The NFL Players Association could soon vote on an agreement with the league that includes sharply reduced penalties for marijuana use by football players and dramatically shortens the annual window during which they may be tested for cannabis and other drugs.
While the proposed changes haven’t been publicly released, the collective bargaining agreement that’s circulating among officials would reportedly make it so players would only be subject to a two-week testing period, instead of the current four-month window that now begins on the unofficial marijuana holiday April 20 (4/20) and ends in August.
Additionally, severe penalties for cannabis offenses would reportedly be lifted. The agreement “would include dramatically reduced penalties, with suspensions happening only in the event of extreme and repeated disregard of the policy or significant violations of applicable law regarding the possession and use of marijuana,” NBC Sports’s ProFootballTalk reported.
The players union has been holding conference calls in recent weeks as representatives decide whether to proceed with the agreement, but if they don’t act soon, it could mean another year of strict cannabis policies within the NFL. Two-thirds of the group must agree to the proposal prior to the start of the new league year on March 18 if they want the policies to take effect for the 2020-2021 season.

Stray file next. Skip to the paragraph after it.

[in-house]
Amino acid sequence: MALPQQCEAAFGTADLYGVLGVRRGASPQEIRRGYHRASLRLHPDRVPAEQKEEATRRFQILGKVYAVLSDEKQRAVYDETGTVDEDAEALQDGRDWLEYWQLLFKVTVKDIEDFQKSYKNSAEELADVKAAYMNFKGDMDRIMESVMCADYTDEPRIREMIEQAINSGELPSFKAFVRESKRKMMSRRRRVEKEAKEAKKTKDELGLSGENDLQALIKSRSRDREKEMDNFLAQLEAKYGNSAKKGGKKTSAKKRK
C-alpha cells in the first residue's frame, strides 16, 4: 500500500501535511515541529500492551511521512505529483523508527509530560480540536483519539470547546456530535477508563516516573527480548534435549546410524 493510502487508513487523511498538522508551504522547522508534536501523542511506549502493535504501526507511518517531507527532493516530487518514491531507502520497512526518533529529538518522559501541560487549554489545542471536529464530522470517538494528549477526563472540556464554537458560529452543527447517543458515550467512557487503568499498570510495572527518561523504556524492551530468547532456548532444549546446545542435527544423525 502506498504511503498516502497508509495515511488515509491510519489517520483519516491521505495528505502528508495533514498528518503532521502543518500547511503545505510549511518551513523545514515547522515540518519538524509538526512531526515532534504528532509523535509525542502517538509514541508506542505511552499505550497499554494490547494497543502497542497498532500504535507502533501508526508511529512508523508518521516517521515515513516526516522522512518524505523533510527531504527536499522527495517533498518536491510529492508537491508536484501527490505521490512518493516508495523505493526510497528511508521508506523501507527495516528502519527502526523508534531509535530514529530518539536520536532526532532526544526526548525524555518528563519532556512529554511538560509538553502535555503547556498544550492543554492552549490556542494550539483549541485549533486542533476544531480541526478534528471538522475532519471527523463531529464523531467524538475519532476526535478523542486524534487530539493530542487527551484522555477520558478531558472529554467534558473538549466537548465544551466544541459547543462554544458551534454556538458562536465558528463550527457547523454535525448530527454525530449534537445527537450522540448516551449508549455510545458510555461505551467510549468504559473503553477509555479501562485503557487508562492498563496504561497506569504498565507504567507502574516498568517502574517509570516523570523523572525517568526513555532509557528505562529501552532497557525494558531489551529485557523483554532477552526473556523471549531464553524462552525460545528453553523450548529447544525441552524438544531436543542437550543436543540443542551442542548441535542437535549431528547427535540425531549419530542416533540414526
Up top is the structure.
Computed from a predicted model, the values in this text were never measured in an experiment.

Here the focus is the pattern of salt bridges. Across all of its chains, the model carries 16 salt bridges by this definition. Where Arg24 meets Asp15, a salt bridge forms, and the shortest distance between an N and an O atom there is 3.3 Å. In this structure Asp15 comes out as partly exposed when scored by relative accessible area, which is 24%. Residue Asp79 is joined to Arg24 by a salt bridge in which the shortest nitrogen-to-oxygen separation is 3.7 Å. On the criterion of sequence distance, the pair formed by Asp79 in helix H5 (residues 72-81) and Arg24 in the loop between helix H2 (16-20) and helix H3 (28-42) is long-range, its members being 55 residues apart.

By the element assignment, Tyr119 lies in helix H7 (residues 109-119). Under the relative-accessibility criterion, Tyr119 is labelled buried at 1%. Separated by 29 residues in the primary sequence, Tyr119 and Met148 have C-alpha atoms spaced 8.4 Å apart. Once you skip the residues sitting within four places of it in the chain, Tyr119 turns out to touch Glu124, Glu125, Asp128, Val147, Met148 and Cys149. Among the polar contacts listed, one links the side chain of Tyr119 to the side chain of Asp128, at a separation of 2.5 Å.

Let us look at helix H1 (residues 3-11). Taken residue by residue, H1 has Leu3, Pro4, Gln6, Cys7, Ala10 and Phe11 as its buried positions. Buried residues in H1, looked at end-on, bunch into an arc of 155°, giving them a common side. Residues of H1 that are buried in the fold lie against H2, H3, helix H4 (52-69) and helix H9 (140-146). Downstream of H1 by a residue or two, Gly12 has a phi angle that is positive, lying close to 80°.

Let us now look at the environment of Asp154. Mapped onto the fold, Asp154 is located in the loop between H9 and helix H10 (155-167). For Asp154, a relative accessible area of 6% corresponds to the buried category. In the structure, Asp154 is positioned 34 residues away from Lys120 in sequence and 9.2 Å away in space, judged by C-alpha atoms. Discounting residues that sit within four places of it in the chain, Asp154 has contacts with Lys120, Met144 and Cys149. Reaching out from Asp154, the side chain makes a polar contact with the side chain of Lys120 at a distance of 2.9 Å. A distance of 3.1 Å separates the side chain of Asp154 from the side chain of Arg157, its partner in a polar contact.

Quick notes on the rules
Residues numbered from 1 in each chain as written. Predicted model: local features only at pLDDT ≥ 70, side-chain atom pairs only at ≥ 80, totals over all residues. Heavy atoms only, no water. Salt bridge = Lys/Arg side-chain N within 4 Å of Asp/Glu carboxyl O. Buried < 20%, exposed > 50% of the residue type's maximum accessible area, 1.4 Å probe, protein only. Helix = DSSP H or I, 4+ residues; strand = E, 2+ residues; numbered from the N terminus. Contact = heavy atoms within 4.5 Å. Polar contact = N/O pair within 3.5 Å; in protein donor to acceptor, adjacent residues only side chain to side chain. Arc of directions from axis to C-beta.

If the new collective bargaining agreement isn’t ratified by that time, players would undergo another season where testing positive for marijuana can result in fines, suspension and rehabilitation.
It’s not clear when the revised testing period would begin under the agreement, but it’d generally be more beneficial for players to schedule that window during the offseason.
While the NFL has been slow to back reform, Dallas Cowboys owner Jerry Jones and New England Patriots quarterback Tom Brady said in December that they see the writing on the wall and predicted that cannabis policy changes were imminent.
“I think you should expect and will expect an adjustment of the contemporary way or the present way that marijuana is being thought about,” Jones said.
Cannabis policy changes have already been integrated by the Major League Baseball, which announced in December that it was removing marijuana from its list of banned substances. That also followed negotiations between the MLB and its players union.
Meanwhile, a panel created by the NFL and the union said last month that players should be wary of CBD, with members arguing that more research is needed to determine whether the non-intoxicating marijuana compound is safe and effective.
Image element courtesy of Marco Verch.